Despite being acknowledged as the worst man made disaster in Europe since the Second World War – outside of war or genocide, those of us damaged by thalidomide have frequently been treated shabbily by governments, pharmaceutical companies, and the medical and legal professions. It is beyond doubt that the manufacturers of the drug knew that it had harmful side effects within a short time of putting it on the Market and that the drug’s testing regime was woefully inadequate. Had Chemie Grunenthal heeded early warning signs and subjected its “wonder drug” to rigorous testing, very few people would have been damaged or killed in the womb.
Thalidomiders in different parts of the world have markedly different lifestyles and expectations depending on the size of the settlements they received – or indeed if they received one at all.
ICTA’s aim is to ensure that everyone receive fair and equal treatment regardless of their country of birth or where their mother took the drug.
We are doing this by:
Reminding Chemie Grunenthal that it has a responsibility to support everyone damaged by its drug – not just people in countries where it was the licencee or manufacturer.
Ensuring that Chemie Gruntheral provides adequately for German and other thalidomide survivors.
Pressing national governments to meet the increasing support needs of thalidomiders whose health is deteriorating rapidly and whose support needs are consequently increasing year by year. They, the governments, allowed and often encouraged distribution of the drug, the fact that there are so few thalidomiders born in the USA is testament to the fact that America had a robust regulatory system for new medicines. Other governments failed their populations in this regard.
ICTA was formed at the beginning of 2008 and since then has rapidly made its presence felt. There have been hunger strikes, demonstrations, and other acts of civil disobedience. Unless governments and Chemie Grunenthal sit down to negotiate with us, this activity is likely to escalate.
We are already using our collective energy to great success:
The Italian Government has agreed compensation for its hitherto ignored thalidomide population.
The Spanish Government spent years denying that thalidomide had ever been sold in the country has now admitted to allowing the sale of the drug and discussions are in progress.
The German Government doubled the pensions of thalidomide survivors supported by the Stiftung in 2008 – but starting from a very low base, this was no where near adequate.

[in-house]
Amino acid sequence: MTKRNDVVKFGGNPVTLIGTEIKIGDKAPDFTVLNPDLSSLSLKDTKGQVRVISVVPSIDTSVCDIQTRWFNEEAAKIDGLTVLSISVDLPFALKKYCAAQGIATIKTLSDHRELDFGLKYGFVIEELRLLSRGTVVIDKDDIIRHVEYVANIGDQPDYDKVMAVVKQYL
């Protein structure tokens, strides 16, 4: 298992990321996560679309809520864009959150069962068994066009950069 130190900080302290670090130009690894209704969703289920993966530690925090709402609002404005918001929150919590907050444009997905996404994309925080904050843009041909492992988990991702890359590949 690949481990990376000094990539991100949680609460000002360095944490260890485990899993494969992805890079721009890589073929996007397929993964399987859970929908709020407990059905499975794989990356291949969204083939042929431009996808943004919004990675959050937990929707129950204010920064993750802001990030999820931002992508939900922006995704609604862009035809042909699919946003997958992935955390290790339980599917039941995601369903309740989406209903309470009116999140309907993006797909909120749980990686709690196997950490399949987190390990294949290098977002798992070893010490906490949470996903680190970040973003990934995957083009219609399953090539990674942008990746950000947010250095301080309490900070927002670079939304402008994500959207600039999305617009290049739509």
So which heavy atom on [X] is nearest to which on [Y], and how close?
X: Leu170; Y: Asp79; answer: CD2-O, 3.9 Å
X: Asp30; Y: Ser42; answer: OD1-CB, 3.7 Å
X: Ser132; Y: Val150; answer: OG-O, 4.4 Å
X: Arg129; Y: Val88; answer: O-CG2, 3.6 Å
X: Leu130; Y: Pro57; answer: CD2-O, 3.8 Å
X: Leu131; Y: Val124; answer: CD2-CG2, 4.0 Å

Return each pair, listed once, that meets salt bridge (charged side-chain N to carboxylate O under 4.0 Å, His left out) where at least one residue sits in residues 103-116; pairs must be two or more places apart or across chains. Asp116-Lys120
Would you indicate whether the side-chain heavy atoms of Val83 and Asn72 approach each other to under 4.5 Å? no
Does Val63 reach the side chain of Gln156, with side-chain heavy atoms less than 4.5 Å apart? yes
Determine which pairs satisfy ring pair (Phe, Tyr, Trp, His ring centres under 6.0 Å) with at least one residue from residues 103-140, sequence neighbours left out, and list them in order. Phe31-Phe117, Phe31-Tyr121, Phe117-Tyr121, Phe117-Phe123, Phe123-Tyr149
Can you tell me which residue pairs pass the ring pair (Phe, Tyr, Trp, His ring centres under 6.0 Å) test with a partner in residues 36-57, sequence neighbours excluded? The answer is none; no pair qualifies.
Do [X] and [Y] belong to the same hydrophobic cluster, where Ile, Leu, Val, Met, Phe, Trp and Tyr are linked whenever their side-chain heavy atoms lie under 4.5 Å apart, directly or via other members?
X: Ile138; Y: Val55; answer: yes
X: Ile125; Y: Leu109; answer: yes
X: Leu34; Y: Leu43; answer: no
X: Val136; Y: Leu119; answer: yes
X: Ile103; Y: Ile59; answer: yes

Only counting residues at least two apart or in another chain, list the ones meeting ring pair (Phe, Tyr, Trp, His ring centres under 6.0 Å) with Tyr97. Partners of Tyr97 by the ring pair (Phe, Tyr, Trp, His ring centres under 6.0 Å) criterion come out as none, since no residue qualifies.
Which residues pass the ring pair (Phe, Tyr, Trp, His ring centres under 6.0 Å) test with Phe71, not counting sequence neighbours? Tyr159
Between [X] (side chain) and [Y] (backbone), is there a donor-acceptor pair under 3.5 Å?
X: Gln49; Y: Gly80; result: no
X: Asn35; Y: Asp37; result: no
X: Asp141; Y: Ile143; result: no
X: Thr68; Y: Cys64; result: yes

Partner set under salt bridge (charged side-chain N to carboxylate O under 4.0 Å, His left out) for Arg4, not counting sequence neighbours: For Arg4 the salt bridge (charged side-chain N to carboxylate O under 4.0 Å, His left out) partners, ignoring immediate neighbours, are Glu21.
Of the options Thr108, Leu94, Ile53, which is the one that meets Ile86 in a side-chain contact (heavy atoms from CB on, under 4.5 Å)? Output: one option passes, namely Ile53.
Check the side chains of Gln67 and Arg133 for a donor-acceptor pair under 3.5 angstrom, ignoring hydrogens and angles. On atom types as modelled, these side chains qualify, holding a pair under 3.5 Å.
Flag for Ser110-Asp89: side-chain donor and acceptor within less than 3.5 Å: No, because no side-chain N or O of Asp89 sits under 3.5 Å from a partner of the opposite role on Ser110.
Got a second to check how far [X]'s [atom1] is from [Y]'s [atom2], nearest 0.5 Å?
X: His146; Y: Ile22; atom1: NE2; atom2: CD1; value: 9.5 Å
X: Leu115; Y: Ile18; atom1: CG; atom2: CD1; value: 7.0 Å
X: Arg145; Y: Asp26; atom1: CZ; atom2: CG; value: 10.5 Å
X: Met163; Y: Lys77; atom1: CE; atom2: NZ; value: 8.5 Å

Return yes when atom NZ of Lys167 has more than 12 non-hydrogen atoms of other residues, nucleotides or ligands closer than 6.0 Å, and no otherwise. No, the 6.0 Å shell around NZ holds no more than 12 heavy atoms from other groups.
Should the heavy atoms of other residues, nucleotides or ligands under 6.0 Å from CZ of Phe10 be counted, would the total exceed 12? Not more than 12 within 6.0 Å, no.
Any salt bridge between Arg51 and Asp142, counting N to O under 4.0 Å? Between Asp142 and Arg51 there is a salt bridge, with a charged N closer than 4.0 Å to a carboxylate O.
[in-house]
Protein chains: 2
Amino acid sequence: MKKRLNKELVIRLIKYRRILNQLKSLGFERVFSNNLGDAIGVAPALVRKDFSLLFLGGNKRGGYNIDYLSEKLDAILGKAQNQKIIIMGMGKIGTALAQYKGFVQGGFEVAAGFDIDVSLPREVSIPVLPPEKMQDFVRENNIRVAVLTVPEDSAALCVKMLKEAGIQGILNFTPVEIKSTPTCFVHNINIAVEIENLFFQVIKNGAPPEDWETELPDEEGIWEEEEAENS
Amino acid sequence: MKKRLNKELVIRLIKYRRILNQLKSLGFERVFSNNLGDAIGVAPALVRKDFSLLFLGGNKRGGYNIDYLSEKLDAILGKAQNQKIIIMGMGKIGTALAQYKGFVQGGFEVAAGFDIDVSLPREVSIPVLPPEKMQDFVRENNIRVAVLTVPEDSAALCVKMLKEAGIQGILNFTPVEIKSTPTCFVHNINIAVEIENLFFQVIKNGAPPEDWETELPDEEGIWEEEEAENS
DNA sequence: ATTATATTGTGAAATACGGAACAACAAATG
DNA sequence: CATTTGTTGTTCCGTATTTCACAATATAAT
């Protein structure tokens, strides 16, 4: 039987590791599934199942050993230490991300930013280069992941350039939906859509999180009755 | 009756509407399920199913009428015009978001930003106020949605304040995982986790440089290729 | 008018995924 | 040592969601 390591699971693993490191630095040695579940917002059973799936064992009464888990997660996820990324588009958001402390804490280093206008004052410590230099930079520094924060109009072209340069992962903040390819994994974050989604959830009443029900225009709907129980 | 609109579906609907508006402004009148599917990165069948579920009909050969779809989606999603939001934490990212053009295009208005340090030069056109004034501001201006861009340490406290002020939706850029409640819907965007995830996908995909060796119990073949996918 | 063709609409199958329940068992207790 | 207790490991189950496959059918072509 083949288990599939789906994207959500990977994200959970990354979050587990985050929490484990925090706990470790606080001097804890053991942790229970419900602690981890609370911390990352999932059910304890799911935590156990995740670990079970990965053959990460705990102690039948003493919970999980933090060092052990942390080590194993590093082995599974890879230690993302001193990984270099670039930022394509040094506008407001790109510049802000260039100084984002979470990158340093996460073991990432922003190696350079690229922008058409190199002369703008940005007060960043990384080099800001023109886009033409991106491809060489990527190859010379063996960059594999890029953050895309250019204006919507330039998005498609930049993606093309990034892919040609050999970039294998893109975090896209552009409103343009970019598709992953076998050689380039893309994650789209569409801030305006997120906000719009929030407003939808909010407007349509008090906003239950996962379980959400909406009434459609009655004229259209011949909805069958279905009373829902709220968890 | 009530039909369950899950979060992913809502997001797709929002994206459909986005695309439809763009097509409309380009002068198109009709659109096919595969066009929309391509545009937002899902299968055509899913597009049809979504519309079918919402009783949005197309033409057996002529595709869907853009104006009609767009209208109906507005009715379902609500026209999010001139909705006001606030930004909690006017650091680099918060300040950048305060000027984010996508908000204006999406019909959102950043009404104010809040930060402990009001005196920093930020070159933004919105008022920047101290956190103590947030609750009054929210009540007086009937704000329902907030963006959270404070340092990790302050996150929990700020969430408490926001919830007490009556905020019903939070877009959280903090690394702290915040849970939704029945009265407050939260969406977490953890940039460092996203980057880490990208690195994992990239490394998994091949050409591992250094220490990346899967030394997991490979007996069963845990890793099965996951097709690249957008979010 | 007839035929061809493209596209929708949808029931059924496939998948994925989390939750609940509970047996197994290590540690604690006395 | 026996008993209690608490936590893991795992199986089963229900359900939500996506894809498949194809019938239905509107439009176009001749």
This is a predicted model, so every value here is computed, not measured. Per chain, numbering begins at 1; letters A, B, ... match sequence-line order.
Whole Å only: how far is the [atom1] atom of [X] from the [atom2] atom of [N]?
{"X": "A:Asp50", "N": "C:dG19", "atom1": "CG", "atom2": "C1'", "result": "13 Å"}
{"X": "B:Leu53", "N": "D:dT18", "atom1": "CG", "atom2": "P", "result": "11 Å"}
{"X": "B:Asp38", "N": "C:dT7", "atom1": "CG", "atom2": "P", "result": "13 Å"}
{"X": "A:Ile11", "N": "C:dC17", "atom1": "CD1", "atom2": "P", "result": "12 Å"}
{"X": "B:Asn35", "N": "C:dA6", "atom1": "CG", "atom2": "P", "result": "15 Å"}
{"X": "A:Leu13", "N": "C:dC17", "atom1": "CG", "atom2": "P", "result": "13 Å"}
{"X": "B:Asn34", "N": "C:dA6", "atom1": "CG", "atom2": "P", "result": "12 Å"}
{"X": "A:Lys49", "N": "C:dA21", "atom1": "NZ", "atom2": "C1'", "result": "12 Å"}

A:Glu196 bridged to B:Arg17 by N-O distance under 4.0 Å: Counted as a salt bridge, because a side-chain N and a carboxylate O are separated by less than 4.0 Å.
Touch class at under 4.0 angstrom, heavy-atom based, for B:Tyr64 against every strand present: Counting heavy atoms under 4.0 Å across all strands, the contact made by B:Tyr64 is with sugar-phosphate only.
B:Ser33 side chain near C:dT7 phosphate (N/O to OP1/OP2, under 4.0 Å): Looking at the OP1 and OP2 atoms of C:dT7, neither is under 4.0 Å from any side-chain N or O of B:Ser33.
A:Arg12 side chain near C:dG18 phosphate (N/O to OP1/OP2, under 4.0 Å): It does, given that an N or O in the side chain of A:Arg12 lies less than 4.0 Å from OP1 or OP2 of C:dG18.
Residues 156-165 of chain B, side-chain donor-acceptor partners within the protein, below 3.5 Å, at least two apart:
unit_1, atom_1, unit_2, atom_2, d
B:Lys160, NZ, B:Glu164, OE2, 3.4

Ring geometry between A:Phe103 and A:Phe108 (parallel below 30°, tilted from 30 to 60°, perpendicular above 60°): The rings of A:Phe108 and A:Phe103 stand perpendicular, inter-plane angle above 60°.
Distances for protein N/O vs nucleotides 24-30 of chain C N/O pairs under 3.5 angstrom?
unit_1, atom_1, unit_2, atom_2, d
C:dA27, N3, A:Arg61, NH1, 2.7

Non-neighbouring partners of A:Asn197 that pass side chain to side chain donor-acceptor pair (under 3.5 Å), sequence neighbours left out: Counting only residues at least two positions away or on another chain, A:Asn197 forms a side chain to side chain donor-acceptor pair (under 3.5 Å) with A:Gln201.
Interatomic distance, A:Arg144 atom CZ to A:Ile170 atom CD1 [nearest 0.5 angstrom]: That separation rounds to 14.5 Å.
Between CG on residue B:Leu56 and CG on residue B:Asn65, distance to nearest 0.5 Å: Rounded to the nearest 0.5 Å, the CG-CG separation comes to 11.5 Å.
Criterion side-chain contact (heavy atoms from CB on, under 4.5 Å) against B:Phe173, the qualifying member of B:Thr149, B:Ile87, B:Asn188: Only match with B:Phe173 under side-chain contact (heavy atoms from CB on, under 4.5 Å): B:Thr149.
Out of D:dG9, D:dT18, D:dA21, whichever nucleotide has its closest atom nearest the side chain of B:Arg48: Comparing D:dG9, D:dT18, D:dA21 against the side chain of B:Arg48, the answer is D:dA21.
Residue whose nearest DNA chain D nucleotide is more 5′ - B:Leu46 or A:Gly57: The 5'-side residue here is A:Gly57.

Chemie Grunethal announced a “voluntary” contribution of €50m in 2008. In reality, the company was beginning to feel the heat and hoped to buy off discontent by making this gesture.
At the end of 2008, Sebastian Wirtz stepped down as CEO of Chemie Gruntehal - the first time in the company’s history that a non-Wirtz family member was put in charge.
In the UK, Government ministers were told that British thalidomiders expected state support to meet their needs for health care and continuing independence. Health Secretary, Alan Johnson, said that he was “not persuaded” of the need to provide extra funds. A campaign is now underway to persuade Mr Johnson to change his mind. We already have the support of distinguished figures like Lord Ashley of Stoke, several members of the House of Commons and the national press.
The Irish Thalidomide Association (ITA) is in talks with the Department of Health about further funding for Irish thalidomiders.
Austrian thalidomiders are about to start negotiations with their government for a financial solution.
Swedish thalidomiders have already received a payout from their government and are now optimistic that talks with the Swedish licensee, AstraZeneca PLC, will soon bear fruit.
Since the beginning of the international campaign, many letters, describing the health deterioration associated with chronic pain and the precarious living conditions of Canadian Thalidomiders, were sent to the various official authorities involved in Germany and in Canada. An interview was also granted to the Canadian Press on November 9th, 2008. The public awareness of the extraordinary daily challenges and financial distress of Canadian survivors continues.
We are few in number but are confident that we have right on our side. We will accept nothing less than justice, dignity and a secure financial future.
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